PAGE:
Lighted or benighted, (at my age) that bedroom activity is a distant memory.

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"Monopoly money," is that an analogy for contemporary Fed monetary policy?

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I play Monopoly on my smartphone a lot, and on the rare occasions when I play it in person I find it extremely annoying to deal with paper money.

How sad for you.

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Smartphone monopoly? Really? Monopoly is a board game! What is the fun part in playing Monopoly on smartphone?

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I once played a game of monopoly on a trade floor with 4 other commodity traders. Let me tell you, in that environment, monopoly is a very, very different game than it is when you were 8. There are usually 3 sets of overlapping negotiations ongoing at all times, and keeping track of all the deal stipulations is an effort unto itself. I would wonder how the automated system would handle all those.

I recommend the experience.

People diss on Monopoly, and it's true there has been good innovation in games in the past 70 years.

But a proper game of Monopoly is fast-moving and involves a lot of trading and negotiation. It's boring if you play with boring people.

It can be fun, but there are so many other games that are usually fun. Whereas, Monopoly is rarely fun.

Monopoly , generally speaking, suffers from excessive player down time, player elimination, a variable (and sometime very long) game length, excessive randomness, cheap components, low player interaction.

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Wow ! The pound is now 86 cents ? Or maybe that's a post-Brexit forecast.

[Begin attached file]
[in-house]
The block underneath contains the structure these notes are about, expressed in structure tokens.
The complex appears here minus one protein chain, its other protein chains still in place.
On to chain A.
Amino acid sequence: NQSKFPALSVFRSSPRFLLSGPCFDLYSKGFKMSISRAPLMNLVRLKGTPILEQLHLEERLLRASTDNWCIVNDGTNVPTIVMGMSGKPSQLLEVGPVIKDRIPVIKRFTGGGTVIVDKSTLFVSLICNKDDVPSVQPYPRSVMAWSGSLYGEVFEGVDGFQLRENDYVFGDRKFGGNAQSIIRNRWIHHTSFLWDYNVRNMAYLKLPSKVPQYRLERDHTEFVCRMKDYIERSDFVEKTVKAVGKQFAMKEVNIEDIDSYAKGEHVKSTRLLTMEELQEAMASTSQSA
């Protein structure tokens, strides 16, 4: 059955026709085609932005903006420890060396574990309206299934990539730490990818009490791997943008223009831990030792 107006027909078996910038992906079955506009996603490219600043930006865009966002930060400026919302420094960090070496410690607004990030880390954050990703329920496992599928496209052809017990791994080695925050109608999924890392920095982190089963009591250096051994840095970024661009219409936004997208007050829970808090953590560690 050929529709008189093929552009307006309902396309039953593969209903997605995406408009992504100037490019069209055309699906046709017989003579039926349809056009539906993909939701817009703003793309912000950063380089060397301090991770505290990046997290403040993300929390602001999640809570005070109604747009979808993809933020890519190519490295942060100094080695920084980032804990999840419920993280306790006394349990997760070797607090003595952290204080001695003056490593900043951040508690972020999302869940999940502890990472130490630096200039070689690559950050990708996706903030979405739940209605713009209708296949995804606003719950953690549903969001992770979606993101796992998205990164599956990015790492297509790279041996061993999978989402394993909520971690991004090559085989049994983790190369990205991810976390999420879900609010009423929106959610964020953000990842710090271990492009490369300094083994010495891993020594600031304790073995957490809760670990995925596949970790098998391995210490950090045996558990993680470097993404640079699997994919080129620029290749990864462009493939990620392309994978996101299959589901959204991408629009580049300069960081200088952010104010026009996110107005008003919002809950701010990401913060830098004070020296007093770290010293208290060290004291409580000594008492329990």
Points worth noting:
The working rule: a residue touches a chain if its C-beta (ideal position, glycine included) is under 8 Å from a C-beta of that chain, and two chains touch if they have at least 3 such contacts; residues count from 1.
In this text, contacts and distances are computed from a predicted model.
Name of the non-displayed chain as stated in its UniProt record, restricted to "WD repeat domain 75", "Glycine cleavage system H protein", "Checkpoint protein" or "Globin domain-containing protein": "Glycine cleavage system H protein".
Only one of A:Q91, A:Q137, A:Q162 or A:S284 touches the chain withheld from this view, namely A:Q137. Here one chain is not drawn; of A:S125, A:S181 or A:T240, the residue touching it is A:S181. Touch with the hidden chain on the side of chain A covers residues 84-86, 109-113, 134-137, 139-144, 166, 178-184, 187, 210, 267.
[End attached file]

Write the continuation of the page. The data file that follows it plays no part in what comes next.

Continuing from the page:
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I don't play Monopoly with other adults. I do play it from time to time with my children. Much of the point, to my mind, is that the kids get to practice their math skills in a realistic situation (well, more realistic than a math worksheet, anyway). Eliminating the counting and figuring may make game play faster, but it also eliminates much of the teaching aspect of the game.

Also, if you don't trust the banker in the game, you should probably find new people to play with.

"Prove it, Peterson!"

https://www.youtube.com/watch?v=l5betsZNsGM

This is still one of my favorites, decades later.

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I recommend playing with numbered poker chips. I keep a set that I use instead of the paper money for any games that use it. I've got quite a few games where the paper money has never been used.

And it's much easier to clean sticky fingered poker chips than to deal with the paper.

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In the 1980s Hasbro and other board-game makers made a desperate lunge to offer electronic editions. It was costly, and the results were dismal.

It's not so much that the games can't be partially or wholly digitized, but, there are more bad ways to do so than good ways.

Have they gotten better at it?

I play a lot of board games, and very few have done a good job of incorporating electronics. It's almost always gimmicky.

Now plenty of board games have been ported to on-line, the iPad, etc and those are fine. And some of the electronic versions are easier because they automate the book keeping and set up.

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I anxiously await the first set of hacker mods to the banking system. And the first Monopoly Superman III Virus.